Genealogy is a great family hobby. No matter where you live, people from around
the world are enthusiastically searching for their ancestors. It helps give people
a reference of where they came from.
Beginners usually rely on assembled family trees that they find on the internet
or have acquired through a relative. The internet has driven the genealogy hobby to be what
it is today. 10 years ago, the detective process was much different. To learn about
your ancestors, you went to your local genealogical society, family history library,
and the national archives. These types of facilities were the starting point of
your journey to document your family history. Now these facilities seem to be the
end point for most hobbyists. For the family historian who wants to accurately document
their heritage we have a few helpful tips listed below.
Getting Organized for your Research Trip
Whether you are traveling long distance to take photos of family headstones, going
to a State Archive, or local library, you should be prepared. In order to maximize
your time, we have some suggestions. Know what the facility has before you go. Call,
Email, or if they have an online index, spend time to get familiar with the facility
and what it has to offer. Know their hours of operation, and their use policies.
Some facilities require appointments. To get the most out of a visit, plan as much
as you can to maximize your time at the facility.
Before going, create a to-do list. The more detailed your list is, the better
off you will be. Have a good idea of what you are looking for, and know what is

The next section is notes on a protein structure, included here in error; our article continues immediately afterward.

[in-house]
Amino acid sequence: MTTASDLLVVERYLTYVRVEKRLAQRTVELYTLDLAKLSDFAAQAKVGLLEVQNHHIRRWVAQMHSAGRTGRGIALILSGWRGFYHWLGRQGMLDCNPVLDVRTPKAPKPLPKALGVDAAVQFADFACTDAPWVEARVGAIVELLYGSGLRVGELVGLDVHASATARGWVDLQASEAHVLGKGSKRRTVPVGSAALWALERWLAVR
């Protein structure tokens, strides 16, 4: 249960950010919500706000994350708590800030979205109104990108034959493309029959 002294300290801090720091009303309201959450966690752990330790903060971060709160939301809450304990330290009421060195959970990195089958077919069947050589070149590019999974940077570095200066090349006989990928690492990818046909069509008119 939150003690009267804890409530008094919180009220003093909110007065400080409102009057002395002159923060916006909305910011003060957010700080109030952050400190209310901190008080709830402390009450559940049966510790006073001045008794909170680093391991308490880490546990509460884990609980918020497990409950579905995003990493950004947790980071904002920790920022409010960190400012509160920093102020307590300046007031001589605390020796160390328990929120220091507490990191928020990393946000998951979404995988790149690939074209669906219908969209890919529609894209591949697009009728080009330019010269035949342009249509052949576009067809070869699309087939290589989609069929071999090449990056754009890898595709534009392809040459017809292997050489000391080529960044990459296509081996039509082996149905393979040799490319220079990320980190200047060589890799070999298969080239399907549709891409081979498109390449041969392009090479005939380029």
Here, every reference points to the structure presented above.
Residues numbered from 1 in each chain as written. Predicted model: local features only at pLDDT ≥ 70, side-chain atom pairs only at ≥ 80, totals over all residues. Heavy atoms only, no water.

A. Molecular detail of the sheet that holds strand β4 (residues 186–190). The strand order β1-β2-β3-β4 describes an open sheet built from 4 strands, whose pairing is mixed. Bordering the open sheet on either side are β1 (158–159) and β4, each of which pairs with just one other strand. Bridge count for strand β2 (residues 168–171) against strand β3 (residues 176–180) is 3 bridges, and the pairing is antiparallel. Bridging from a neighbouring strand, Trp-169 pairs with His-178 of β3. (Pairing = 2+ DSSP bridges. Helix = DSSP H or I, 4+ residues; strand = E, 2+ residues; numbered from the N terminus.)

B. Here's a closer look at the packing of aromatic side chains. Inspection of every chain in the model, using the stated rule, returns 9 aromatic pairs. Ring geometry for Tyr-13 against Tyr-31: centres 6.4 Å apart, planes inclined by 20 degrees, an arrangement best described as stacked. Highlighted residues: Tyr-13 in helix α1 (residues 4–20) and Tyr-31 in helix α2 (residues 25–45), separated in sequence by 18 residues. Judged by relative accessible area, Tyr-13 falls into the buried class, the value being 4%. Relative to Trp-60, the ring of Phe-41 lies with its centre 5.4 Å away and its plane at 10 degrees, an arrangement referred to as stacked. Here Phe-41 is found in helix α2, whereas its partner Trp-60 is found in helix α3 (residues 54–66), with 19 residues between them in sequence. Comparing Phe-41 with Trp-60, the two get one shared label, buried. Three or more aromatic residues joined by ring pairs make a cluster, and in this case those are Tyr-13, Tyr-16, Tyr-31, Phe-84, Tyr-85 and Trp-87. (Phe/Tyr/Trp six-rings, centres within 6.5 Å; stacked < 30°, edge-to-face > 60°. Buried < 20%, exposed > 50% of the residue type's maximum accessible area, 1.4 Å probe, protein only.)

available. You may get overwhelmed with the digging and analysis process because
of too much or too little information that is actually available. Sometimes you
will start to find data for another relative from the same source that you were
actually trying to find for another ancestor. This might lead you off track, so
it is a good idea to have a copy of your family tree and family fact sheet to assist
with the exploration process.
Keeping Track of your Research
Once you get to your research facility, you may have a limited amount of time
to search. Gather as much as possible, but don’t forget to record the who,
what, when, where, and why. Make copies from different books, microfilms, etc. Don't
be the researcher who in their haste realizes after they get home and sort through
their information, that it is not organized or well documented, and may have to
throw some of it out because they can’t piece together their findings.
When making copies, be sure everything was copied correctly. Immediately bind
the information together with a stapler or paper clips. Write down all the necessary
info to recall the source. If the information is from a book, copy the cover, the
chapter details, and write down the page numbers (if they are not shown on your
copies). if you are missing something, it will be easy for you to call the facility
and ask them to copy what is missing. If you don’t have enough details, they
won’t be able to help.
Research Logs keep you Focused
Having a log will benefit you in knowing what has been researched and what to
work on next. Write down what you have found, either successful or not. Keeping
the log in a spreadsheet format can help to sort and filter on what has worked for
you, what has not, and gives the ability to recall information easily. We have research genealogy
forms for: pre-research, research, task log, document management and other downloadable
How to Manage your Family Ancestry
Over-whelmed with digging for your ancestry? Document what you have done, take
a break, and come back to it later. At the end of the day, the process should be
enjoyable and rewarding, so when things get frustrating take a step back and take
a deep breath. This will assist you to stay energized and focused on the task at
hand. If you are at a loss for what type of source to use to document your ancestry,
we have reference lists to help with
research your family ancestry.